MAY2016 - page 2

Organized Boy Scouting began in
England in 1907 founded by Robert
Baden-Powell. He was born in 1857,
and at the age of 19, joined the Brit-
ishArmy. He served in India andAf-
ricaand returned toEngland in1901.
He began to develop a program for
boys, based on physical fitness and
outdoor skillsand in1908published
a scouting handbook. He retired
frommilitary service in 1910 to de-
votehis time to thenewworld-wide
The “Unknown Scout” is part of the
storyof how theAmericanBoy Scout
movementbegan. Althoughthestory
varies, it is believed that in 1909, Chi-
cagopublisherW.D.Boycewas inLon-
don.Heaskedaboy fordirectionsand
was led tohisdestination. Boycewas
ready topay for his helpbut the boy
declined the money, and explained
that hewas a Scout and Scoutswere
encouraged todoagood turn. Boyce
was impressed and some stories say
that Boyce met with Baden-Powell
and learned about Scouting. Others
say that themeeting between Boyce
and Baden-Powell never took place,
but in any event, Boyce returned to
the United States and organized the
Boy Scouts of America. The identity
of the Scout in London was never
of America was incorporated. The
purpose of the Scouting program
was “to teach patriotism, courage
self-reliance and kindred values.” At
the time, thereweremany organiza-
tions that were similar to scouting.
The YMCA, the National Scouts of
America, theWoodcraft Indians, the
Association and many others had
similar programs. In1910, agroupof
men from these organizations gath-
ered together toconsolidate theiref-
forts. In theearlyyears,manyvied for
leadership. In the meantime, troops
were organized, and the national of-
ficewas opened inNewYork City in
January 1911. James West, a young
lawyer,was hired to serve as the ex-
It is not certain when Boy Scout-
ing came to LeRoy, but there were
Boy Scouts from LeRoy involved
with the Third Lib-
erty Loan project in
1918. They posed in
front of the Munici-
pal Building in April
1918. The
LeRoy Ga-
noted: “The
Liberty Ball reached
LeRoy about 12:30,
having been pulled
inby theBoyScouts
from the Stafford
Town line. It was
placed in the Mu-
it during its sojourn here. Shortly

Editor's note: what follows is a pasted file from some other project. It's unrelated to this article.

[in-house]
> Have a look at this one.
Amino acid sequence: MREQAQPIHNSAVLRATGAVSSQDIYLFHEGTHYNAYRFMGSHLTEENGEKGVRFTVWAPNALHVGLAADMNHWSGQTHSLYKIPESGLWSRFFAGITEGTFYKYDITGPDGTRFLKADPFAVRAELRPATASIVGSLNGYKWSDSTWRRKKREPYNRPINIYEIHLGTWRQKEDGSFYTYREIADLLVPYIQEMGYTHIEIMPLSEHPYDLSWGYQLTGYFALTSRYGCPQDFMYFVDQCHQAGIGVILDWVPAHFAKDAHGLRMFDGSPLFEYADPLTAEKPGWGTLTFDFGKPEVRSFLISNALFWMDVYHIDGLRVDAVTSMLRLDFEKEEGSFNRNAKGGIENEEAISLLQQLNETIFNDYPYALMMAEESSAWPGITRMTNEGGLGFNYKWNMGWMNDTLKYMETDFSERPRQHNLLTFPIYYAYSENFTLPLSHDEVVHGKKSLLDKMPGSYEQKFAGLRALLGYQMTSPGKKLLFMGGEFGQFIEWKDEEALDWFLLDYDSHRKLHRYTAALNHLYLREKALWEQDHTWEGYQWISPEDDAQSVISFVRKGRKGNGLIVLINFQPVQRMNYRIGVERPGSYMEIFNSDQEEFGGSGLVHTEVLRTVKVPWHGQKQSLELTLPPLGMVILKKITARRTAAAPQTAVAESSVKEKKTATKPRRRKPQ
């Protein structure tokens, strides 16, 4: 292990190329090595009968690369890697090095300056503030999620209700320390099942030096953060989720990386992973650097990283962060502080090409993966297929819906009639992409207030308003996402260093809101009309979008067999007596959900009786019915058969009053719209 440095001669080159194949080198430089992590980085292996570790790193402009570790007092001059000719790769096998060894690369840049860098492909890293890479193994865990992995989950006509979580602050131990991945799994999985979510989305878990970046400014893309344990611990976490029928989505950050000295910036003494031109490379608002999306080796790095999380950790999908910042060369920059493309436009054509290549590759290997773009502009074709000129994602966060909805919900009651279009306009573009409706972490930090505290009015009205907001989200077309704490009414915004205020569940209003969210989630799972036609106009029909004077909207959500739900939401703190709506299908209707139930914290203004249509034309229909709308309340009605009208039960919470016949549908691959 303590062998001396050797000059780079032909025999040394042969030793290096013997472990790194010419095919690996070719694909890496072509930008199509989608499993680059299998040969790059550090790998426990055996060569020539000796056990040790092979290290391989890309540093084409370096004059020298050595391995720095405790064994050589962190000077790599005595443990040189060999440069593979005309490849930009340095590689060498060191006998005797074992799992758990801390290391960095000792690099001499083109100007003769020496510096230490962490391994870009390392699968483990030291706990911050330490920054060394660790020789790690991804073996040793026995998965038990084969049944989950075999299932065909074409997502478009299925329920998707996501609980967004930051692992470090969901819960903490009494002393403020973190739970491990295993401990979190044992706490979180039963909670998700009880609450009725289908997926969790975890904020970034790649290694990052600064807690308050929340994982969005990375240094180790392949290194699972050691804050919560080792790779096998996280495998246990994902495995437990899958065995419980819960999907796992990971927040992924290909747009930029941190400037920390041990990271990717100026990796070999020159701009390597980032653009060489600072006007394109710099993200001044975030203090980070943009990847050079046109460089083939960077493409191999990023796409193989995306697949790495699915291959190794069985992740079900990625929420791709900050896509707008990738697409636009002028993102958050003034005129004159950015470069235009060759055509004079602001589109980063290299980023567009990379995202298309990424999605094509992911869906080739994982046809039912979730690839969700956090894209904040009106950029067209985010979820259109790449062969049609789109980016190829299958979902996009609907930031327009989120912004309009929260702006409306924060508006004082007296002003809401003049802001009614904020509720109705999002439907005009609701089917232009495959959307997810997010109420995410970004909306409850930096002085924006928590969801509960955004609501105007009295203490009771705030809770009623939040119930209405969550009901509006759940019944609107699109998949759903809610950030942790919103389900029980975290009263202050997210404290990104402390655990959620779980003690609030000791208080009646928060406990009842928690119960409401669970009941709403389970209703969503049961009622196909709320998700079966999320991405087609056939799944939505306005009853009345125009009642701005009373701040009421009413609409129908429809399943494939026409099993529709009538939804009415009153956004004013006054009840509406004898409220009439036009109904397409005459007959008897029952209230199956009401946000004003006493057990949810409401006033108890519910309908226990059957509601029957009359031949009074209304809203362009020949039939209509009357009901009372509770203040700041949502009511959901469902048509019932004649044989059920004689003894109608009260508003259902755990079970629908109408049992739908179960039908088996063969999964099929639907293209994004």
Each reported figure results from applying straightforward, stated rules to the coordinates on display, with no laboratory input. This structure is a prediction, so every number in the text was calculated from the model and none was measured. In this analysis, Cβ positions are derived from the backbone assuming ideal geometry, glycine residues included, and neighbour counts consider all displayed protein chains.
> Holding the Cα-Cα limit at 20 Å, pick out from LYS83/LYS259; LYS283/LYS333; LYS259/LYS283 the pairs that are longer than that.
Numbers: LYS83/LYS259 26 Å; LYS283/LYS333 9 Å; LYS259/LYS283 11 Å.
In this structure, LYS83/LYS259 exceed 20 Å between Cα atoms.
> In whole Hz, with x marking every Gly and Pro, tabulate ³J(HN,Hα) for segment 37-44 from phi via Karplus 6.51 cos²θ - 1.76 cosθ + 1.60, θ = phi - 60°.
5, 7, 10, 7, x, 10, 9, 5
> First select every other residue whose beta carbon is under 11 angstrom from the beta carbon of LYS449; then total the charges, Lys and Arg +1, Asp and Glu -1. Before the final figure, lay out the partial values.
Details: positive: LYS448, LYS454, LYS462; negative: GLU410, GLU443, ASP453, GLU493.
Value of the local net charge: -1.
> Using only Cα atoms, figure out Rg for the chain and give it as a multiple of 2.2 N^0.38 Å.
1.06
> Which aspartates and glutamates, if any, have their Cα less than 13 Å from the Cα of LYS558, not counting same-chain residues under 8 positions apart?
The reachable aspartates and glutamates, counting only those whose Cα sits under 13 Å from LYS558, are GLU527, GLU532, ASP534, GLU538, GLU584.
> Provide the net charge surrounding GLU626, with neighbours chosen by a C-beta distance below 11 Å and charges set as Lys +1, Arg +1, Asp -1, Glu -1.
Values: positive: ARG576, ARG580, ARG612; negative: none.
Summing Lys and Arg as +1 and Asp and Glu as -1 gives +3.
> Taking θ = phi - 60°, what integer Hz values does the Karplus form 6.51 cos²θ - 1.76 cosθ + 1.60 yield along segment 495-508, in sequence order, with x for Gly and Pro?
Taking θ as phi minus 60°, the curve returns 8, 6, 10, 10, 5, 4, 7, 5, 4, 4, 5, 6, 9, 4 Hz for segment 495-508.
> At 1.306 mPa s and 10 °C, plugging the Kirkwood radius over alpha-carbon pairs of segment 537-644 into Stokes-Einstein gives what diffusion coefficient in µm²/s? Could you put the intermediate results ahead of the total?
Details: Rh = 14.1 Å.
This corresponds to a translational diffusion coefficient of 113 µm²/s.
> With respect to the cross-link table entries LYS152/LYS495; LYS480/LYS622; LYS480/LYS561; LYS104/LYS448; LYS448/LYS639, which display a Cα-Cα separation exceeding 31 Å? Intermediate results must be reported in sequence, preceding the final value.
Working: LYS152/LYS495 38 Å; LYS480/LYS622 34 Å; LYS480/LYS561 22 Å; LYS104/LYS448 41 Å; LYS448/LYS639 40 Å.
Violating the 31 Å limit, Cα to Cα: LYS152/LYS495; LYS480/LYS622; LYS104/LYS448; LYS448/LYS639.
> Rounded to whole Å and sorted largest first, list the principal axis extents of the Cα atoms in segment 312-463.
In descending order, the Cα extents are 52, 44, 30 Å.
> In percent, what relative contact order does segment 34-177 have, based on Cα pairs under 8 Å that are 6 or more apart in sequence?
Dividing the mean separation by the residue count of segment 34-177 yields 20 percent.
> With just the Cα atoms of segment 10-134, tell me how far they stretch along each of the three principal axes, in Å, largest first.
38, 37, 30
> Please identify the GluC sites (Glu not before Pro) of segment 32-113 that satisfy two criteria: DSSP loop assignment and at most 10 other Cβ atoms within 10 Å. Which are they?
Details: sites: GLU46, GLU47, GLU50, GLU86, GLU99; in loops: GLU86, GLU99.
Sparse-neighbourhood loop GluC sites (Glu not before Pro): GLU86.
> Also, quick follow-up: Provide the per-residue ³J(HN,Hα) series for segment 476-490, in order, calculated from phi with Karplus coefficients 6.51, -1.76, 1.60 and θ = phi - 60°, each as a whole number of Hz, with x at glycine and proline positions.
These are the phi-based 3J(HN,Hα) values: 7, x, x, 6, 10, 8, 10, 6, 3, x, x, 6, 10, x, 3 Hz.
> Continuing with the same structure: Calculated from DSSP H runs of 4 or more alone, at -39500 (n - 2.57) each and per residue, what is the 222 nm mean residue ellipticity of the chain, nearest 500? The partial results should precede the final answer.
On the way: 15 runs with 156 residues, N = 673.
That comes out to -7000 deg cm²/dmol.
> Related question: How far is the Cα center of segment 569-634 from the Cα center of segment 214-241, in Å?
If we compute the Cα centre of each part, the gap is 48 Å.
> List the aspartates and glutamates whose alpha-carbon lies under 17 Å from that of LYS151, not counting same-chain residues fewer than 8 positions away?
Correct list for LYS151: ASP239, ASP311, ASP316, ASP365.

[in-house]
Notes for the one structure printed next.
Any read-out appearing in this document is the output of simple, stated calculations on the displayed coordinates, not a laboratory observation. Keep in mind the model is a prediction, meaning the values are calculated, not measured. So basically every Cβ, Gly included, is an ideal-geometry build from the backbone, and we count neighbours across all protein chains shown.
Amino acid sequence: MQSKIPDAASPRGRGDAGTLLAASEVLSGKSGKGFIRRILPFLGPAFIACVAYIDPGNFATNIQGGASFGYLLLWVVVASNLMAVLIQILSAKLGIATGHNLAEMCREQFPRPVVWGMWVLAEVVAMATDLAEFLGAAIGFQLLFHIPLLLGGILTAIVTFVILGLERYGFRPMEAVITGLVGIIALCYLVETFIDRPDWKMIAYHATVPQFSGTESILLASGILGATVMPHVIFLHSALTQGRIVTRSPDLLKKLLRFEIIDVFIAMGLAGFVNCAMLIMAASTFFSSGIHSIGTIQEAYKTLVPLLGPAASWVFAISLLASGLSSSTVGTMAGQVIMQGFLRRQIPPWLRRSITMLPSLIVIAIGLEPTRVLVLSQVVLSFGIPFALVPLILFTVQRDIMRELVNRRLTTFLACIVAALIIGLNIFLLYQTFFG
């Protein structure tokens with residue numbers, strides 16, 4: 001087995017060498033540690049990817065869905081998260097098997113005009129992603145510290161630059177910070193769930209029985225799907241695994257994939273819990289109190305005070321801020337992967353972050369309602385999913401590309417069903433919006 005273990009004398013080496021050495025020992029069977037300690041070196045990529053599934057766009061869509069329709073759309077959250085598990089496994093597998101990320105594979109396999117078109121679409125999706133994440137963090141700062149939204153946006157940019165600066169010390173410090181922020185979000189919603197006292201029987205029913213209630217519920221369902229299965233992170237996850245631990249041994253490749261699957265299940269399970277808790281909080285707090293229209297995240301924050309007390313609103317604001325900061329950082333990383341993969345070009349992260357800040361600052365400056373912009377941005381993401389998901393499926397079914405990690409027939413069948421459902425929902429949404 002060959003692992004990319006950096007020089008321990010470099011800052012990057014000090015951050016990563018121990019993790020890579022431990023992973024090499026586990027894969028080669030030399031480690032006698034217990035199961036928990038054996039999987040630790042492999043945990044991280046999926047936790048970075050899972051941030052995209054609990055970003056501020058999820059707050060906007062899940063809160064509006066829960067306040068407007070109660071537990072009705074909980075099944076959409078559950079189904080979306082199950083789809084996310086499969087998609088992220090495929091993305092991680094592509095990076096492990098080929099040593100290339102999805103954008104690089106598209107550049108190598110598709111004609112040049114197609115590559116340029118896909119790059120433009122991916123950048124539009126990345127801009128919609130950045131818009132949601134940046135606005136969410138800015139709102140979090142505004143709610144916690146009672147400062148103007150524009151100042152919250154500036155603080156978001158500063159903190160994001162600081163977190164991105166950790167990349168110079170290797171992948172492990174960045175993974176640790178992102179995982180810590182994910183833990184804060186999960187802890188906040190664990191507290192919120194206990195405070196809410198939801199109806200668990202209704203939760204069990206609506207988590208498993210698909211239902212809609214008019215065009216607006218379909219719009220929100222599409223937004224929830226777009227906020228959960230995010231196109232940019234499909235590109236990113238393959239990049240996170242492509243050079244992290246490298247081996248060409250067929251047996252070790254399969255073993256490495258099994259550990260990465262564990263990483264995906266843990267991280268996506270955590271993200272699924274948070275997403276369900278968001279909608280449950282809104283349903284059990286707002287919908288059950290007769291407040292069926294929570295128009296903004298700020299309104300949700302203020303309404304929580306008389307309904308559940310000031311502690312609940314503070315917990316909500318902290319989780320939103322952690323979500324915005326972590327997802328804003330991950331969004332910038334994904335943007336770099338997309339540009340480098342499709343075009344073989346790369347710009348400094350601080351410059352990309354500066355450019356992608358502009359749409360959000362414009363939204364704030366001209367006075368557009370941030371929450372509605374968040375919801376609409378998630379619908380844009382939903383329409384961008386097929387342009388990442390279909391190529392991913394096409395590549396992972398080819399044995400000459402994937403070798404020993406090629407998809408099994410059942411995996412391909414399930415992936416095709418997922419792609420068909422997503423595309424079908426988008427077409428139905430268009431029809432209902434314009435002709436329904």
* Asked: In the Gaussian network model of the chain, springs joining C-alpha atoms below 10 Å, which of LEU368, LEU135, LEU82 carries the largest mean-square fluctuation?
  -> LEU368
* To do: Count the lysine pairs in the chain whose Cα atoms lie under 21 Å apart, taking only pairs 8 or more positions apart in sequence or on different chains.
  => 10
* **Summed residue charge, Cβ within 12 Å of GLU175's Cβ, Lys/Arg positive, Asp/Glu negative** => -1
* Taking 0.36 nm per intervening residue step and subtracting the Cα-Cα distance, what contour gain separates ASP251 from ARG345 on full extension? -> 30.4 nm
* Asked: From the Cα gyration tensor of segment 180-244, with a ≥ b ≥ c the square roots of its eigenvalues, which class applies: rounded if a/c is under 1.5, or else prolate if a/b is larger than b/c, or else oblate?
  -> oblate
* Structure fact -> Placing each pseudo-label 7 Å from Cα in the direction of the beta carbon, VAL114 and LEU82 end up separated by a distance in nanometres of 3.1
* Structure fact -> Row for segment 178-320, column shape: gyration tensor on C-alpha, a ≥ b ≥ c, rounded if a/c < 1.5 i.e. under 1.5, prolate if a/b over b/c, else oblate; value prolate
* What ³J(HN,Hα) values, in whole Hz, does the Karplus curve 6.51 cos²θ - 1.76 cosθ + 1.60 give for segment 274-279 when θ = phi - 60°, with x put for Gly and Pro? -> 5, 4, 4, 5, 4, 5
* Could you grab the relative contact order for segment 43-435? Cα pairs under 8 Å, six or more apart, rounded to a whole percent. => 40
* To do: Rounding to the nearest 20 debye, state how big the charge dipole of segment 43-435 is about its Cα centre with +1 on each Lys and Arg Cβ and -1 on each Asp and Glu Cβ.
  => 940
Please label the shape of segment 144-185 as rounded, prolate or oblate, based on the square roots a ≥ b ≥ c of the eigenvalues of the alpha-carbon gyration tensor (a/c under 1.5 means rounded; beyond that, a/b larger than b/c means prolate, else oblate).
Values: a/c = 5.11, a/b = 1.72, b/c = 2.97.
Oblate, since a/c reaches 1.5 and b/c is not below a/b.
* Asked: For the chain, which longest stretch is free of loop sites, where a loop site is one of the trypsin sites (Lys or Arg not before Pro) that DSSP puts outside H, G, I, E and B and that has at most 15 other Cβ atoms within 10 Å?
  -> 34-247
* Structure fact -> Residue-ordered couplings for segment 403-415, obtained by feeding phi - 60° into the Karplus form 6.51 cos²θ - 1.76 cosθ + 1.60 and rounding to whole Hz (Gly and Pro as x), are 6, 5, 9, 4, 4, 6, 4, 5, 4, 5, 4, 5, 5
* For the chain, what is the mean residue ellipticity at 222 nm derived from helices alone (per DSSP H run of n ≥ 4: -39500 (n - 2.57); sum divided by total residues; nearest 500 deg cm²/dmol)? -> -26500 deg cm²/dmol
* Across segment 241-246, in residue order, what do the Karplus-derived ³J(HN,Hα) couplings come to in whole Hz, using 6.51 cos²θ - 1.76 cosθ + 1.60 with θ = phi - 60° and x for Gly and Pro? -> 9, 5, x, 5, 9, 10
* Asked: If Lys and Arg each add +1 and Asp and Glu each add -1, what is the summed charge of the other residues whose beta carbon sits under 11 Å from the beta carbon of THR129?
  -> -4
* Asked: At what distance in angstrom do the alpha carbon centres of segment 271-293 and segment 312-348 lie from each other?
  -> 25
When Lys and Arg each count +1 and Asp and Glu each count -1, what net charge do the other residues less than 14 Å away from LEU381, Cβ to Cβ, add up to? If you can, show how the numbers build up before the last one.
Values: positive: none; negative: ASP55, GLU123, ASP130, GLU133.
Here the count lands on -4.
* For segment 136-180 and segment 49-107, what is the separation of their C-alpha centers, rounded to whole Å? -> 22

after 2:00 o’clock the ball started on
its journey for Caledonia, the mo-
tor power again being furnished by
theBoy Scouts.”The LibertyBall was
seven feet indiameter andweighed
350pounds. The framewasmadeof
steel and rattan and it was covered
with heavy canvas painted in red,
white, and blue. It rolled on a brass
rimabout a footwide.A ropewasat-
tached to an axle thatwent through
themiddle. During the ceremony at
the Municipal Building, Mayor Ward
introduced Frank Lyon of Bingham-
ton, former deputy state Highway
Commissioner, who presented the
Boy Scouts with medals earned in
the Second Liberty BondCampaign.
Thenewspaper listedeightboys:Wil-
BoyScouts InLeRoy
Lawrence, MauriceGiles, JohnGlea-
son, CharlesGraney, Paul Taylor,and
On April 4, 1924, the Genesee Boy
Scout Council was formed. Seven-
ty-five men from the surrounding
communities met in the rooms of
the Oatka Hose Company in LeRoy.
Thomas Larkin,owner of LeRoy Plow
Company, was elected President of
the Council and he introducedW.R.
King from Buffalo who had been
hired as the first Council Executive
Director. The
LeRoy Gazette
that “one of the great troubles with
America today is the fact that fathers
and mothers are thinking for their
boys and girls rather than working
and playingwith them and that be-
BoyScouts, April 1918, in front of theMunicipal Buildingwith
theLibertyBallwhichwaspulledacross theState fromBuffalo
toAlbany to raisemoney for theThirdLibertyLoancampaign.
Undated photograph of Boy Scouts standing near the Civil War monument on Trigon
Park,with LeRoyUnion Free School in background. Theman on the horse behind the
Scouts, is possibly Thomas Larkin, whowas elected the first president of the Genesee
CountyBoyScoutCouncil in1924.
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